• The importance of public investment,… The scale of the funding gap in addressing the environmental emergency has led many to suggest that private finance alone is not enough, and that public finance is particularly important. Indeed, public investment can play a crucial role by directly investing in critical projects that the private sector is reluctant to support, as well as those that are socially important but do not generate high returns. Furthermore, many economists have argued that direct public investment can help to ‘crowd in’ private investment into strategically vital areas. A principally market-coordinated transition that is overly reliant on private finance also risks normalising extractive behaviours in the green economy, such as profiteering and greenwashing. (Read our previous Digest explaining the risks of relying on private finance to decarbonise the economy.) Common Wealth’s Melanie Brusseler explains that publicly-led coordination is necessary for a timely and effective transition. She argues that “Market coordination—premised on private investment and profitability—cannot effectively deliver this in line with climate targets and economic functioning” and that “building institutions to coordinate the transition should be Labour's first term focus”. NEF have argued that the UK’s state-owned financial institutions (such as the British Business Bank, UK export finance and the CDC group) should also be given Net Zero mandates to redirect their ~£7bn annual investments and scale them up to help grow the green economy.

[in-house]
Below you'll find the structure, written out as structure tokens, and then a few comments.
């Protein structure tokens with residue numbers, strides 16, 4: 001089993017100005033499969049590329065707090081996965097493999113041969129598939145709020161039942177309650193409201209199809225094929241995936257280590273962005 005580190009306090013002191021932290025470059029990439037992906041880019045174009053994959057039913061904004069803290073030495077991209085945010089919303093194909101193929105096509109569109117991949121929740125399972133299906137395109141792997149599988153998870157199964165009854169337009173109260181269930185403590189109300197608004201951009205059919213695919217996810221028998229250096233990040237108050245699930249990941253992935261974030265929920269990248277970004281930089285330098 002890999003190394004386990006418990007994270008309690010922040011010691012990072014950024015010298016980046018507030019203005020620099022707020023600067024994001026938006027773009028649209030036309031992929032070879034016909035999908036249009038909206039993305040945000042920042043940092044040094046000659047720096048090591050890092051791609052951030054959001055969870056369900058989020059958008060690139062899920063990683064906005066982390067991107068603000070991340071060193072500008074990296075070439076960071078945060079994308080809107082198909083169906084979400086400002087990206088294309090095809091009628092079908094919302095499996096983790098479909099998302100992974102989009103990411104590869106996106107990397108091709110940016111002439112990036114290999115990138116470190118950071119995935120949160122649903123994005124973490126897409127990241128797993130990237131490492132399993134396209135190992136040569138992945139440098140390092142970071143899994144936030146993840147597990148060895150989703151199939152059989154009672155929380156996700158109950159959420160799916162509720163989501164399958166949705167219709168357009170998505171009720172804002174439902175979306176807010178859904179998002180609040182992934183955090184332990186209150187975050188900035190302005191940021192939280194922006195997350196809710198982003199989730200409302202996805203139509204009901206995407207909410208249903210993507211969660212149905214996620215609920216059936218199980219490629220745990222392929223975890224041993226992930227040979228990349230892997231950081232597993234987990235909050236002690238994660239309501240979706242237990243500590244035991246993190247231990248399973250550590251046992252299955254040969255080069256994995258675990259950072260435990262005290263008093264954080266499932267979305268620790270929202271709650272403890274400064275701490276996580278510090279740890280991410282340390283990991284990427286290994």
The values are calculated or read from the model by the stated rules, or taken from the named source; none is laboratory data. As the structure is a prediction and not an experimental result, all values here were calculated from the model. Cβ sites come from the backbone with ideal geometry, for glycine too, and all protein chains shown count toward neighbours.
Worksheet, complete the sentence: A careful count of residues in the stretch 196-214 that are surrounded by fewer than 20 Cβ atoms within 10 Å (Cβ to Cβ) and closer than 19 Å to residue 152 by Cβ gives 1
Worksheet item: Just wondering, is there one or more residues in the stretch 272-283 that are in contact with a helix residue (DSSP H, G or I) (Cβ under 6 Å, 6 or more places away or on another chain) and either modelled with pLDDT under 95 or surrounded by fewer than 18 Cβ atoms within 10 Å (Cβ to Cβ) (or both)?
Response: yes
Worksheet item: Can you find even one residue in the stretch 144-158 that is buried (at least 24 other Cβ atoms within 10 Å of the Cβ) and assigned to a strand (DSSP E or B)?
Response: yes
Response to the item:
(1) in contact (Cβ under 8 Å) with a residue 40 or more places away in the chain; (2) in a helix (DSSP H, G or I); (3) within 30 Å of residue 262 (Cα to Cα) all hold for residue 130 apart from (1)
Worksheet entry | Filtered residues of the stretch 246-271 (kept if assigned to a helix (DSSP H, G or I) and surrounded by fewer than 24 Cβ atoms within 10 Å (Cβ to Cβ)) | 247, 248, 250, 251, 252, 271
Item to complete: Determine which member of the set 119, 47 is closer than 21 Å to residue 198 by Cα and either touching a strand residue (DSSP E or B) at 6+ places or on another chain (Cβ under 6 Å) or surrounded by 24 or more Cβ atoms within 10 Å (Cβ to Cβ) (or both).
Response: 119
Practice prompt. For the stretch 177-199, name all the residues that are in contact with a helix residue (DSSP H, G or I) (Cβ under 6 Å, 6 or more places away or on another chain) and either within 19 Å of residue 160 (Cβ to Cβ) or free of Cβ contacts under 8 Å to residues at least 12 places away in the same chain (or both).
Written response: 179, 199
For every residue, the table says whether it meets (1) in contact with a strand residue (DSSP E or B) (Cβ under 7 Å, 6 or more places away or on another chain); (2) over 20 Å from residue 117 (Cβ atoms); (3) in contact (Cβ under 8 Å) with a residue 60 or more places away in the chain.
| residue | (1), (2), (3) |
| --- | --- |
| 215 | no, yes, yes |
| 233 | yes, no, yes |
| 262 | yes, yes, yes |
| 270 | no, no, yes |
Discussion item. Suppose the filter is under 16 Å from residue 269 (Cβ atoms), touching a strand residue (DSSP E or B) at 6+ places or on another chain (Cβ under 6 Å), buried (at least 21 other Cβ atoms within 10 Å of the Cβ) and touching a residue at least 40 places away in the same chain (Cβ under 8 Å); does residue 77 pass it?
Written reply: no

• …industrial strategy,... The experience of green credit guidance policy in France and Japan showed that it worked best when the state made clear policy directions through a solid industrial strategy, giving the private sector more certainty to make the necessary investments. Economists Katie Kedward, Josh Ryan-Collins and Daniela Gabor explain how an ‘allocative green credit policy’ regime can be organised around green industrial policy objectives and democratically agreed green ‘missions’
  • and discouraging dirty investment. Penalising loans that promote high carbon activity and phasing out investments in fossil fuels will also be important for meeting the UK’s climate targets. A key part of the green finance equation is ending government support for fossil fuels, e.g. through tax relief for oil producers in the North Sea. This week, the Labour Party released a briefing outlining how it plans to ‘make Britain a clean energy superpower’, including a pledge to ban future licences for oil and gas exploration
Weekly Updates


Three tests for AI regulation. As the Government’s White Paper consultation on AI regulation closes today, Michael Birtwistle and Matt Davies of the Ada Lovelace Institute lay out three key tests for the Government’s proposals: coverage, capability and criticality. In other words, how well the UK’s “regulatory patchwork” addresses AI, how well-equipped regulatory institutions are to deliver the Government’s AI principles, and how quickly the UK will be able to respond to “urgent risks”.